Things slowly improved in the villa, a few plastic cups, 2 cooking pans and a wooden spoon were added to the already sparse kitchen supplies. Three thin foam pads were purchased for the four kids and me to sleep on. A gaudy pink floral pattern spread unevenly to edges that were sewn together in a jagged line, enclosing each mattress. They were quickly pushed together and covered with the old brown blanket, closing up any gaps that remained. Days drug on each melding together with no apparent end in sight. Jet lag lulled us to sleep and efforts to turn our schedule around were futile in the dull and numbing heat. The older boys accompanied him to prayer each night, painting a vivid picture of Riyadh and the neighborhood upon their return. A routine of sorts had been pieced together and things became manageable in the villa.

Each night a grease stained paper bag could be seen tucked under his arm as he opened the door and woke us from our lethargic almost dormant state of being. A long piece of plastic ( sufra)was torn at perforations and placed to shape an eating area on the rough black carpet. The contents of the bag were poured onto a tray, rice with chicken on the side. Two large water bottles were placed on the sufra and passed around when the meal was nearly done. Guidelines had not changed; the rules were still in place, no arguing or hurried eating, limit talking, keep hands clean and above all no complaining.

Rice and chicken from a neighborhood restaurant became the staple diet until he announced that he would purchase a stove so real cooking could commence. The house buzzed with anticipation and talk of the food that undoubtedly would follow, cookies, cakes and pasta.  When his day off arrived he made his way to Butha (area where people can buy used goods like a swap meet on weekends) and returned with an electric stove. Two workers dressed in shabby faded coveralls maneuvered up three flights of stairs until at last they delivered this new addition to the villa.

He worked to secure the appliance in its place, making necessary adjustments to put it in working order. He stood and smiled motioning for my approval, pointing to the old yellow stove, dirt and grime, chipped off paint, wobbly and uneven. His eyes narrowed as he scanned my face looking for any sign of disapproval. “Forty dollars and its electric” his words hung overhead too heavy to be absorbed. He spoke of having friends over and the meals that would be prepared on the newly purchased appliance.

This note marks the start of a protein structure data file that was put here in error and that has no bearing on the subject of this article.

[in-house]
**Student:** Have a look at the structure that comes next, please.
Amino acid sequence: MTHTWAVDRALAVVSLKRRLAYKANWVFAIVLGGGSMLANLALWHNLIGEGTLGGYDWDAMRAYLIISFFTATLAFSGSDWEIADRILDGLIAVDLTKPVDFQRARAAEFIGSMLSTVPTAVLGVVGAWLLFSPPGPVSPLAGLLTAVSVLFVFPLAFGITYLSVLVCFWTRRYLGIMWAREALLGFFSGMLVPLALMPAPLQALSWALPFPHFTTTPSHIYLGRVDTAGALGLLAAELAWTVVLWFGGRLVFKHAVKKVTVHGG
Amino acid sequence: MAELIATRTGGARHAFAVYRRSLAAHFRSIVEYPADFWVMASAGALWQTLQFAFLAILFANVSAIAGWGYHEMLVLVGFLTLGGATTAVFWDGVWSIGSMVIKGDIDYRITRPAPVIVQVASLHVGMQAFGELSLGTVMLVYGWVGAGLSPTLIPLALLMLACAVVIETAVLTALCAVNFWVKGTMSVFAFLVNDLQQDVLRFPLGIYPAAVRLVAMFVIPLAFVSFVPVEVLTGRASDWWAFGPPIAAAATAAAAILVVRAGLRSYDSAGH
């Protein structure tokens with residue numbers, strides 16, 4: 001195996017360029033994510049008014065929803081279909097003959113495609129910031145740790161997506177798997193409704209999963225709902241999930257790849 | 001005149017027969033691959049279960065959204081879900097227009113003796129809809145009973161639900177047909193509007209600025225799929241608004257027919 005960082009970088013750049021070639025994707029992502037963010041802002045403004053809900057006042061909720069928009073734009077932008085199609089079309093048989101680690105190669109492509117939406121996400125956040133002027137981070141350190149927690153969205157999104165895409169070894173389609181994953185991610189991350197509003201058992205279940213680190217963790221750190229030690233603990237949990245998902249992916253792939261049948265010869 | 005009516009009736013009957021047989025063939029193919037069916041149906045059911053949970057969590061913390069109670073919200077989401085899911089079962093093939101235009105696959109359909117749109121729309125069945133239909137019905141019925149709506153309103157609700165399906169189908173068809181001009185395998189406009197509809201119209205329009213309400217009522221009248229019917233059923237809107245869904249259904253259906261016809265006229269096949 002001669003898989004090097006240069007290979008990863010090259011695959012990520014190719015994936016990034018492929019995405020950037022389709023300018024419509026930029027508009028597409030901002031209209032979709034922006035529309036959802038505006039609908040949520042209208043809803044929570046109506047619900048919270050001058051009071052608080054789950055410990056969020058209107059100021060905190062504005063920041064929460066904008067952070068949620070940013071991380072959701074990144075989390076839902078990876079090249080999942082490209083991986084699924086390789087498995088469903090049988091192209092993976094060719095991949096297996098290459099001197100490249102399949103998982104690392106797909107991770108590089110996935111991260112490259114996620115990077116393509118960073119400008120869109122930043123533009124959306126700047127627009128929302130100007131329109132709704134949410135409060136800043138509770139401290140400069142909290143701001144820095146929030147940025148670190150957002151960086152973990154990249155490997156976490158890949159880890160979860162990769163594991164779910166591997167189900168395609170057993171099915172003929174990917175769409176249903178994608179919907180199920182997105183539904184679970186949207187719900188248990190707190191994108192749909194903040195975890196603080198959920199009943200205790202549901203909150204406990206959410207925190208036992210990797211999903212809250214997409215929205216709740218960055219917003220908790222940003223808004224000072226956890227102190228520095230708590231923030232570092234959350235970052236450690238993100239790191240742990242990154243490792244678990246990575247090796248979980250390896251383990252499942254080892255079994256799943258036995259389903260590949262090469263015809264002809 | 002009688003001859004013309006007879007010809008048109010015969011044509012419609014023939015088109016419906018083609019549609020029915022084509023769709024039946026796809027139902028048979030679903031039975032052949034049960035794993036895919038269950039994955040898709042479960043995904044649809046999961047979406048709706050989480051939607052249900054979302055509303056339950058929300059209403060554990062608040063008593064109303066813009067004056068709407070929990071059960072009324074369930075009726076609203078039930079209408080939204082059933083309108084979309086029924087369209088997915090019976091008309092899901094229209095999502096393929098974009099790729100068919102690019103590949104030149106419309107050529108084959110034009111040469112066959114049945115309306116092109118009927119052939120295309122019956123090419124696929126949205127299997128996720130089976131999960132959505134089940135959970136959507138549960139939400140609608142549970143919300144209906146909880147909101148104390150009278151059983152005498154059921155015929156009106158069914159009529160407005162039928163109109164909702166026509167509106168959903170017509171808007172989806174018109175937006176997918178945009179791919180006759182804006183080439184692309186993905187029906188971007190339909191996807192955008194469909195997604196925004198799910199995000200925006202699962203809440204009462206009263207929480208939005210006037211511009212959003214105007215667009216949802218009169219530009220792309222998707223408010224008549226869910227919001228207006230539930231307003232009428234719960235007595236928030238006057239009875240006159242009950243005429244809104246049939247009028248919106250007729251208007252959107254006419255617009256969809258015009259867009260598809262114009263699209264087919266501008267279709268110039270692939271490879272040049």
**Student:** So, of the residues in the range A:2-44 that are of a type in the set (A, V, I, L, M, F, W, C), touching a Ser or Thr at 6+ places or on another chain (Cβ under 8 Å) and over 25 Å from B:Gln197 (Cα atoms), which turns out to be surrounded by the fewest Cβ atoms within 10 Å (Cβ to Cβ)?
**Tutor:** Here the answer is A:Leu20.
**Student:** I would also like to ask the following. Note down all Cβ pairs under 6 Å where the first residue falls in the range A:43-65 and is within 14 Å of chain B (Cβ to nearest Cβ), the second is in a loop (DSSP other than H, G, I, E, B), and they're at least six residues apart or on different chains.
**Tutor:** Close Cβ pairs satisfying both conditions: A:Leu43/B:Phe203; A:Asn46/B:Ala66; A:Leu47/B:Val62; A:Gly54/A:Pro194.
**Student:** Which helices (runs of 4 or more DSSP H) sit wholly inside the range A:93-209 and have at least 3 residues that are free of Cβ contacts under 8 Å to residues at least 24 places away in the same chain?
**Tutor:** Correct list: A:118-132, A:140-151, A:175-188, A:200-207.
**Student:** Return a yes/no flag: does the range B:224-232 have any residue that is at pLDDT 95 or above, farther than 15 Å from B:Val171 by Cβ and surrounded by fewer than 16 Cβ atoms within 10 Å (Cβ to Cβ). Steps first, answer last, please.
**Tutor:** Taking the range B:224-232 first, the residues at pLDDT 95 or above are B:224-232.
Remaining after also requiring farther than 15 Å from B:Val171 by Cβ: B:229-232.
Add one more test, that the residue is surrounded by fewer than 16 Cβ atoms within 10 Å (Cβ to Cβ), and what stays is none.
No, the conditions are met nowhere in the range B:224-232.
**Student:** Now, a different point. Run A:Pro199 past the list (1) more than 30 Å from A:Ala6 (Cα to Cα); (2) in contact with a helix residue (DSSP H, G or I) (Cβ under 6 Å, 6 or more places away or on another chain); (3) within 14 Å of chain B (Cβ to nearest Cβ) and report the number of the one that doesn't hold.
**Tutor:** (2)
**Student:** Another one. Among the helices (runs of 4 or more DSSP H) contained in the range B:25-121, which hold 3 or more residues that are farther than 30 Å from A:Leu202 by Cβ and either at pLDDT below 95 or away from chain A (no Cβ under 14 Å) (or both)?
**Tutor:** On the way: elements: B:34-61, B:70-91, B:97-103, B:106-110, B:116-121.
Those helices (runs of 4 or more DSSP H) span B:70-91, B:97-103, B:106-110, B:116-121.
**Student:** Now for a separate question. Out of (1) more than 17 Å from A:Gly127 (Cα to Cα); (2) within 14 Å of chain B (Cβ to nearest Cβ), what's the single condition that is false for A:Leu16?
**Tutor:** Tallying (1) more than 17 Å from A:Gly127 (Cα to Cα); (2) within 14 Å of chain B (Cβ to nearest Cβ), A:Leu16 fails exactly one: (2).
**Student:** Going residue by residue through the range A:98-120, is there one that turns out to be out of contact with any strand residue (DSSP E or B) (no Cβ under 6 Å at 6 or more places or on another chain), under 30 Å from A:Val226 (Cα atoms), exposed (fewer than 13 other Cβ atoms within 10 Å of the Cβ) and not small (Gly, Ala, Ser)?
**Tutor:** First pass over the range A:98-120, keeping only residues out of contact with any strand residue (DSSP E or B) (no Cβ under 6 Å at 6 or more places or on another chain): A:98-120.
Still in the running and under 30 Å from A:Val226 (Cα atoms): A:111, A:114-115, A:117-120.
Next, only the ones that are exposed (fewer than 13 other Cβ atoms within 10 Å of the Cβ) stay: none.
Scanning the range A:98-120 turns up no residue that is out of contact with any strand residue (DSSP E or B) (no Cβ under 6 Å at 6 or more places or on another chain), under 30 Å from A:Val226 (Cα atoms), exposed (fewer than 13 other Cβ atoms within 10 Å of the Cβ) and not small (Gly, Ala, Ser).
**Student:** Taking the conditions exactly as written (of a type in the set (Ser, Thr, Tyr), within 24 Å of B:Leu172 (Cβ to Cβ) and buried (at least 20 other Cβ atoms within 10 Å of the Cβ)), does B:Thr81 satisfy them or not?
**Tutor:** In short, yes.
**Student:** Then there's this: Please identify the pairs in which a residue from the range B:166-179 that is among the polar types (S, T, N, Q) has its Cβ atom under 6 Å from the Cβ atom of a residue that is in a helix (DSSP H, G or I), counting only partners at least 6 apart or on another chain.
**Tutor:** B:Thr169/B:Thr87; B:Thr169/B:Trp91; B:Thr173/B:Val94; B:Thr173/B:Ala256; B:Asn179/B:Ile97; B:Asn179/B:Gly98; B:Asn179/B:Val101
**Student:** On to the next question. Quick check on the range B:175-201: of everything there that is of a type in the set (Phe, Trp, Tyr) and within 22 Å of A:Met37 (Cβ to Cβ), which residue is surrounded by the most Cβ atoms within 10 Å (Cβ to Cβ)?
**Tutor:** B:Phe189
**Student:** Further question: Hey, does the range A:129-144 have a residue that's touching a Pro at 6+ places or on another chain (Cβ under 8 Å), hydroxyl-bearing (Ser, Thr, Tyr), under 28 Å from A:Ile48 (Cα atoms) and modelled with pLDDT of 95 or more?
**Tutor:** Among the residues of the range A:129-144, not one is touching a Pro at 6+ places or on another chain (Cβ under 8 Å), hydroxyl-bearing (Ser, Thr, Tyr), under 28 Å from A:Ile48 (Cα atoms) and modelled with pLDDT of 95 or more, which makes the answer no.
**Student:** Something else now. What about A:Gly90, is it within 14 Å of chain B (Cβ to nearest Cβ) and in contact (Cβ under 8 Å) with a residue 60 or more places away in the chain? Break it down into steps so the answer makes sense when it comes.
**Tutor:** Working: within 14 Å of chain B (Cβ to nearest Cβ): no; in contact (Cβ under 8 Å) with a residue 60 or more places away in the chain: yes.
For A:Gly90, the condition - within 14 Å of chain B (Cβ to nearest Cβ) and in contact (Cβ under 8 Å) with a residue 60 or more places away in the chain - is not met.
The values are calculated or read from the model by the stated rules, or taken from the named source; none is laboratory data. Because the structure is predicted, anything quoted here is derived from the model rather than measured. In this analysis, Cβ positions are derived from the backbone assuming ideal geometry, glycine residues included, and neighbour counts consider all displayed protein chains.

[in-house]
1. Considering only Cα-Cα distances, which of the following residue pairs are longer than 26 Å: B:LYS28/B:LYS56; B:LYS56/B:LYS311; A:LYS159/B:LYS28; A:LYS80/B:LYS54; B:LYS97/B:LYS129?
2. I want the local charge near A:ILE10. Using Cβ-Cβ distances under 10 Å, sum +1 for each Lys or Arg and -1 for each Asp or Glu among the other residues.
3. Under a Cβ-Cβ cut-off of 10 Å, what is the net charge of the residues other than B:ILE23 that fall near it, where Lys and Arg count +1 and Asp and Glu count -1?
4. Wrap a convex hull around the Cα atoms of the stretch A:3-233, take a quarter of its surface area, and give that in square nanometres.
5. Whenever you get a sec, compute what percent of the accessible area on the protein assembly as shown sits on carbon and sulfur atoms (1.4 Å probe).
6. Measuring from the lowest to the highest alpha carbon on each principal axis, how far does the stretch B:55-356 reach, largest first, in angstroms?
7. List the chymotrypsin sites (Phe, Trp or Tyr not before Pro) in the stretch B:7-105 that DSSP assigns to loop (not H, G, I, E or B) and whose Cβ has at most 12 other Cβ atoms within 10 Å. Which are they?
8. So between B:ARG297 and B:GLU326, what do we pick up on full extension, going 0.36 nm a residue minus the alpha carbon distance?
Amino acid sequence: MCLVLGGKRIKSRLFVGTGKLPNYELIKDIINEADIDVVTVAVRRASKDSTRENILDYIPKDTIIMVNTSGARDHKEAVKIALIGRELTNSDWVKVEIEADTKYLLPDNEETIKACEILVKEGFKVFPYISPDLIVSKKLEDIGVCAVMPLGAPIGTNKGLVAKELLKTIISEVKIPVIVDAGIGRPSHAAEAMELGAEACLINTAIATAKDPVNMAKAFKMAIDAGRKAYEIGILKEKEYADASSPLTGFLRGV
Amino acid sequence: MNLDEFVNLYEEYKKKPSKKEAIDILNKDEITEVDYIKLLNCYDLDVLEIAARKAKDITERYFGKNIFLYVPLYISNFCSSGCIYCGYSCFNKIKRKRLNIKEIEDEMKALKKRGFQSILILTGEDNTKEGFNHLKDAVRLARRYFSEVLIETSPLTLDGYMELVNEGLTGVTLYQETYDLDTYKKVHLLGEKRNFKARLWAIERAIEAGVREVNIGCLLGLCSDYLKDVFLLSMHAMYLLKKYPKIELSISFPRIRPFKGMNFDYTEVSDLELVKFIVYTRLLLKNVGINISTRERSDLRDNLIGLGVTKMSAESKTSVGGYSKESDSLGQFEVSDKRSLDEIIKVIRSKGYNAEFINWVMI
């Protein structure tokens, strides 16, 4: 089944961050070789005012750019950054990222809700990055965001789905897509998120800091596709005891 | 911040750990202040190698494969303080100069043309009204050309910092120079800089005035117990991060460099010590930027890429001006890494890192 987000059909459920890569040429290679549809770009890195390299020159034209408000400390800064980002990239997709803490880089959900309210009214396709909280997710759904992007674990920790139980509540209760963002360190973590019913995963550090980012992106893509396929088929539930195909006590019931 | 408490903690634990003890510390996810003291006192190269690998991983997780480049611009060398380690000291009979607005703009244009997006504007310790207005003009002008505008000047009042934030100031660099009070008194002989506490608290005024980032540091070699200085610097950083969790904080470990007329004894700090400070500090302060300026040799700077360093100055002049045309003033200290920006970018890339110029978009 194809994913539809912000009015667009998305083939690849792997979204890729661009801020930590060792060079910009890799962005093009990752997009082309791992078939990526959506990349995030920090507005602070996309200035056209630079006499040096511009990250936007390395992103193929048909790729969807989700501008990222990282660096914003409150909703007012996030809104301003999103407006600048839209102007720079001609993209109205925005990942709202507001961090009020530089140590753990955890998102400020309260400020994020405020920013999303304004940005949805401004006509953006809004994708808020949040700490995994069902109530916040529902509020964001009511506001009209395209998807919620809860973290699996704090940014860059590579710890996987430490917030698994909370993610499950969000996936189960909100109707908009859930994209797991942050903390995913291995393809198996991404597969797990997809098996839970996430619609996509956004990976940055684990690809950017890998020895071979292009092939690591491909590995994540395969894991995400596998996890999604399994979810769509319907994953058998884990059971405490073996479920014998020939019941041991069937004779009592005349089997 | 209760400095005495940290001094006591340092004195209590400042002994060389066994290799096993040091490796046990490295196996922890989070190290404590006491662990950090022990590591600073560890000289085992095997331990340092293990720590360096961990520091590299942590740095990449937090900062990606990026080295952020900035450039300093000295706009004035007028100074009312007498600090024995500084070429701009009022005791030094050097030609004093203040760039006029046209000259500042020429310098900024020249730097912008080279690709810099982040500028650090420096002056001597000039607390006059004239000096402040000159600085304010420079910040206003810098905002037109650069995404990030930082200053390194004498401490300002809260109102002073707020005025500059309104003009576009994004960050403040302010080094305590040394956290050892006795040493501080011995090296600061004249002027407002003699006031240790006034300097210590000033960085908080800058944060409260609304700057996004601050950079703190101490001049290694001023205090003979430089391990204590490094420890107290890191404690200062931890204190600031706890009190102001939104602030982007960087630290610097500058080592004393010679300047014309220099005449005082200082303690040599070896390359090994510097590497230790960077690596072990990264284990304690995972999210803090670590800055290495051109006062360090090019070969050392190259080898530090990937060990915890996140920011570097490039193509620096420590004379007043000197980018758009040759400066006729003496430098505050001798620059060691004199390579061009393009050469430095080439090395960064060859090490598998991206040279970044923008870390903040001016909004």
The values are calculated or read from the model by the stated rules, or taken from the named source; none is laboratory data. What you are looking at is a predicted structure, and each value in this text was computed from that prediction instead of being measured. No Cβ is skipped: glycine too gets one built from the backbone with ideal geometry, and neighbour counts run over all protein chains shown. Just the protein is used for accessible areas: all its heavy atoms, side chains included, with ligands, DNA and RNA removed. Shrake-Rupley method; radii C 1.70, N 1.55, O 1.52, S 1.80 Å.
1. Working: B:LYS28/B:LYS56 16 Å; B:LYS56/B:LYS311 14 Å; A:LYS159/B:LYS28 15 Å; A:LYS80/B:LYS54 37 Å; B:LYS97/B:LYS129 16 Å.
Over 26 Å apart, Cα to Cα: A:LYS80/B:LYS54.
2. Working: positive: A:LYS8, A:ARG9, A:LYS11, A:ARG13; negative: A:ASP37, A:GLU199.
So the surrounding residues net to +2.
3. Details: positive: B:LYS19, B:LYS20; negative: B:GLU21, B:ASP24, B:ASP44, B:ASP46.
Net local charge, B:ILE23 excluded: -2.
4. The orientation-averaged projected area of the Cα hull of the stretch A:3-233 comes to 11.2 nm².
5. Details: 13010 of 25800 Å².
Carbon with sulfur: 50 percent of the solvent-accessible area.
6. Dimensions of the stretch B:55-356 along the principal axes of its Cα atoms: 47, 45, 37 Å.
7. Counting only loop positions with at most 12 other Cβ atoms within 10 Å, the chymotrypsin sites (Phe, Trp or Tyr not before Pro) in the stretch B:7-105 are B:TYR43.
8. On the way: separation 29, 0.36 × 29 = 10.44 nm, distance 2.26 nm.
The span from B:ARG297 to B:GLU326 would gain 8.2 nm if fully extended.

A sick and familiar feeling and the realization that nothing had actually changed became my focus. The hope that this move to Saudi would make him happy and somehow things would return to normalcy seemed unrealistic. I pulled my thoughts together and remembered life was a test not meant to be neglected or lived in frivolous luxury.

A pan of water bubbled on the burner; pasta was thrown in and cooked, drained and served with butter and salt. Stirring became treacherous and with each touch of the metal spoon, tiny zaps shocked my hand. Two burners were operational, the inside of the oven spewed out smoke and grit. I smiled and stirred quickly trying to avoid these blips, not knowing what was wrong or daring to inquire.

A dismal expression crossed his face as he stared down at noodles, salt and butter. The usual words were spoken that signaled dissatisfaction “what is in this?” I had learned that responses should be short, respectful and exact. He was disappointed that I was not acting like a woman who loved to create pastries and homemade dishes, what was wrong with me, noodles with salt and butter? Why, no one would imagine I was a lady who loved to experiment with baking and cooking, host dinner parties and prepare special dishes for ailing friends. I explained that the inside of the stove did not work properly and when I stirred food on the stove top it seemed something was shocking me. This was met with a long hard look  and words that would prove to epitomize my life from that point forward, “Well, USE a wooden spoon then!”